mark pazniokas / ctmirror.org

Rep. P.B. Miller of Stamford and House Speaker Joe Aresimowicz briefly clasp hands during the police misconduct debate.

Porter opened her speech in support of the bill, explaining what it no longer included, a recognition that the GOP was happy to side with law enforcement in condemning what they said was a loss of due process rights for officers and a violation of collectively bargained disciplinary procedures.

Rep. Joseph Verrengia, D-West Hartford, a retired police officer, said he worked with Porter to strip out the language most objectionable to police. Verrengia said he could have supported the final version, but another retired officer, Rep. Jeffrey Berger, D-Waterbury, remained opposed, saying the bill still was too restrictive and the title alone would earn a no vote.

“It went from a horrible bill to a bad bill,” Klarides said.

Porter said the revised bill would have codified in state law the existing policy of the Connecticut State Police and many major police departments nationwide. Most departments instruct officers not to fire on motor vehicles unless a driver or occupant is threatening them with deadly force.

A police officer who felt a driver was endangering the officer or another person could use deadly force directed at the motorist under the proposed bill, but not use gunfire to disable a motor vehicle, Porter said. Supporters said the bill was meant to be instructive.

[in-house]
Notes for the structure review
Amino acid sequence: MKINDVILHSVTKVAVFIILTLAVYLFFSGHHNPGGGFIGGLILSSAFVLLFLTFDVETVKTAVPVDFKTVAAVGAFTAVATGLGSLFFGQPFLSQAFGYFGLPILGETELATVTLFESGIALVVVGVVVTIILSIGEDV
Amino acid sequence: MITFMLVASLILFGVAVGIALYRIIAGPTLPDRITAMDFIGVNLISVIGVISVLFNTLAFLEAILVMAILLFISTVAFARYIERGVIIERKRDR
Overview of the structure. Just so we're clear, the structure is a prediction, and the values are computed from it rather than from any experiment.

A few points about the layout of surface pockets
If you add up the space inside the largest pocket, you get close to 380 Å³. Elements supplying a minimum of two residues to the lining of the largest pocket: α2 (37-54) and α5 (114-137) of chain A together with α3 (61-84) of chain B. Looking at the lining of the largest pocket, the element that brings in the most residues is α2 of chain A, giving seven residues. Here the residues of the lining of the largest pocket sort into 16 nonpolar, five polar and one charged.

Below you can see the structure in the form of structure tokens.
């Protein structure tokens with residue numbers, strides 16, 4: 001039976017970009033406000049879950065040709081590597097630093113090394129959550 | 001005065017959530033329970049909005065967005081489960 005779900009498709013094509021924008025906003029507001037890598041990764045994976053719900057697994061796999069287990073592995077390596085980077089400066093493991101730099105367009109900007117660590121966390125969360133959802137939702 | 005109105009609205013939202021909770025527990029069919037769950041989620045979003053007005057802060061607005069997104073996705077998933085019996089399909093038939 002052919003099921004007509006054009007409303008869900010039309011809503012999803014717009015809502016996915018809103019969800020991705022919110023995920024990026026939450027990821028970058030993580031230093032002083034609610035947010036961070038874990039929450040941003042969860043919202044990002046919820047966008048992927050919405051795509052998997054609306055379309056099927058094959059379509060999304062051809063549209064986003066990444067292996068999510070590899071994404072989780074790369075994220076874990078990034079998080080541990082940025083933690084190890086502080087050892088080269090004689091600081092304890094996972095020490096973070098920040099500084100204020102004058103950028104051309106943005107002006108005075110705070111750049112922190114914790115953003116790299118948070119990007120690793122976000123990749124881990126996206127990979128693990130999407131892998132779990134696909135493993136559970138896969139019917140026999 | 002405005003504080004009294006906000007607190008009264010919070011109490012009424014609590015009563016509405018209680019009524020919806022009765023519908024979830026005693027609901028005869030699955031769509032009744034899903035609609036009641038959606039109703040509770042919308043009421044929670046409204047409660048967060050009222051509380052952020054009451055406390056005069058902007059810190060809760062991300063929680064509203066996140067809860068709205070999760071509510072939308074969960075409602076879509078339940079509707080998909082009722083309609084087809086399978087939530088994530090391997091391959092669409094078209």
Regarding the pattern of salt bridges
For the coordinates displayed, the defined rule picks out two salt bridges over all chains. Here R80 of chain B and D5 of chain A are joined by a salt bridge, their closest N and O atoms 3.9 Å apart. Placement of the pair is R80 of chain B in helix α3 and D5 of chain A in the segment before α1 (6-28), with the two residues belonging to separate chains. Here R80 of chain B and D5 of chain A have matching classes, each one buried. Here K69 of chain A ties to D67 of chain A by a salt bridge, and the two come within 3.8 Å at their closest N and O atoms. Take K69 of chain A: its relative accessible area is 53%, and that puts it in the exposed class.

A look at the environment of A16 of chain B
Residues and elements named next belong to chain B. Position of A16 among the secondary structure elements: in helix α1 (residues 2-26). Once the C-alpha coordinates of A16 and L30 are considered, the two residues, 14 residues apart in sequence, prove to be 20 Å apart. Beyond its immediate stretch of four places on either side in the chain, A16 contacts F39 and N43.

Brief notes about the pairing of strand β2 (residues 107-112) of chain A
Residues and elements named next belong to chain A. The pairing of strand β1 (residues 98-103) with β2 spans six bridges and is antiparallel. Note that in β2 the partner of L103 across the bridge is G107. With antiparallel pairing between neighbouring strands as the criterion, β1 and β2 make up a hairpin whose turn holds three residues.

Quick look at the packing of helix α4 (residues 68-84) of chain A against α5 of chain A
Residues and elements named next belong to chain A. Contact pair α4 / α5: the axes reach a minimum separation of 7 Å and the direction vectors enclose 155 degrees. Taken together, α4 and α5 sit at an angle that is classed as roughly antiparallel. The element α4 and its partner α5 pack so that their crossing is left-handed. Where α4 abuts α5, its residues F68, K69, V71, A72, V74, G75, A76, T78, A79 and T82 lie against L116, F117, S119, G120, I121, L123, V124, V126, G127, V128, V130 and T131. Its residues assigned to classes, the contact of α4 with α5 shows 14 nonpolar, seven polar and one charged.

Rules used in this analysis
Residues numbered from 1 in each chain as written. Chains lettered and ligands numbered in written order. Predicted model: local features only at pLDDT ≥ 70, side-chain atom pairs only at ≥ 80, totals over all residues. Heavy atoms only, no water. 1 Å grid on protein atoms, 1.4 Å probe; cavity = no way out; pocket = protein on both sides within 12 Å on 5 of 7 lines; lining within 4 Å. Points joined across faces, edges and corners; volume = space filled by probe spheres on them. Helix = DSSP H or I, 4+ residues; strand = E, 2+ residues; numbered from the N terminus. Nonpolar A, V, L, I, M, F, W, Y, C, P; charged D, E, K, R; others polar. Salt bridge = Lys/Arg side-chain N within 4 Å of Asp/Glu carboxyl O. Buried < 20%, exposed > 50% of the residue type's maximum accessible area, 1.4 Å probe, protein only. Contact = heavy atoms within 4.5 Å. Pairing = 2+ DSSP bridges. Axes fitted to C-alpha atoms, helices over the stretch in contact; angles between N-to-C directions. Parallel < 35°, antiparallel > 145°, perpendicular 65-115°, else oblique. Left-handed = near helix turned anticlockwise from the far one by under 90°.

Klarides said that still was too restrictive.

“The problem here is we have seen so much violence against police officers who are out there putting their lives on the line,” Klarides said. “We are taking tools out of the toolbox.”

Many police departments, going back more than three decades, say firing on a motor vehicle seldom is good police technique. The Los Angeles Police, for example, say it is safer for police and public for an officer on foot to immediately flee from an approaching vehicle, not stop to take aim and fire.

“Firearms shall not be discharged at a moving vehicle unless a person in the vehicle is immediately threatening the officer or another person with deadly force by means other than the vehicle,” is the LAPD policy.

Bridgeport police say their officer shot Negron after he backed a car toward police.

Earlier in May, police in the Dallas suburb of Balch Springs quickly fired an officer after body-camera video showed he violated policy in shooting a 15-year-old boy who was a passenger in a car that backed out of a parking spot to flee a party.

“Because of the low probability of penetrating a vehicle with a handgun, officers threatened by an oncoming vehicle should attempt to move out of its path, if possible, instead of discharging a firearm at it or any of its occupants,” stated the Balch Springs policy, according to the Washington Post. “However, if an officer reasonably believes that a person is immediately threatening the officer or another person with deadly force by means of a vehicle, an officer may use deadly force against the driver of the vehicle.”

Rep. Chris Soto, D-New London, who performed law-enforcement duties with the U.S. Coast Guard, said the revised bill established a clear standard for police and the use of force, a protection for police and the public. He said the bill was not anti-police.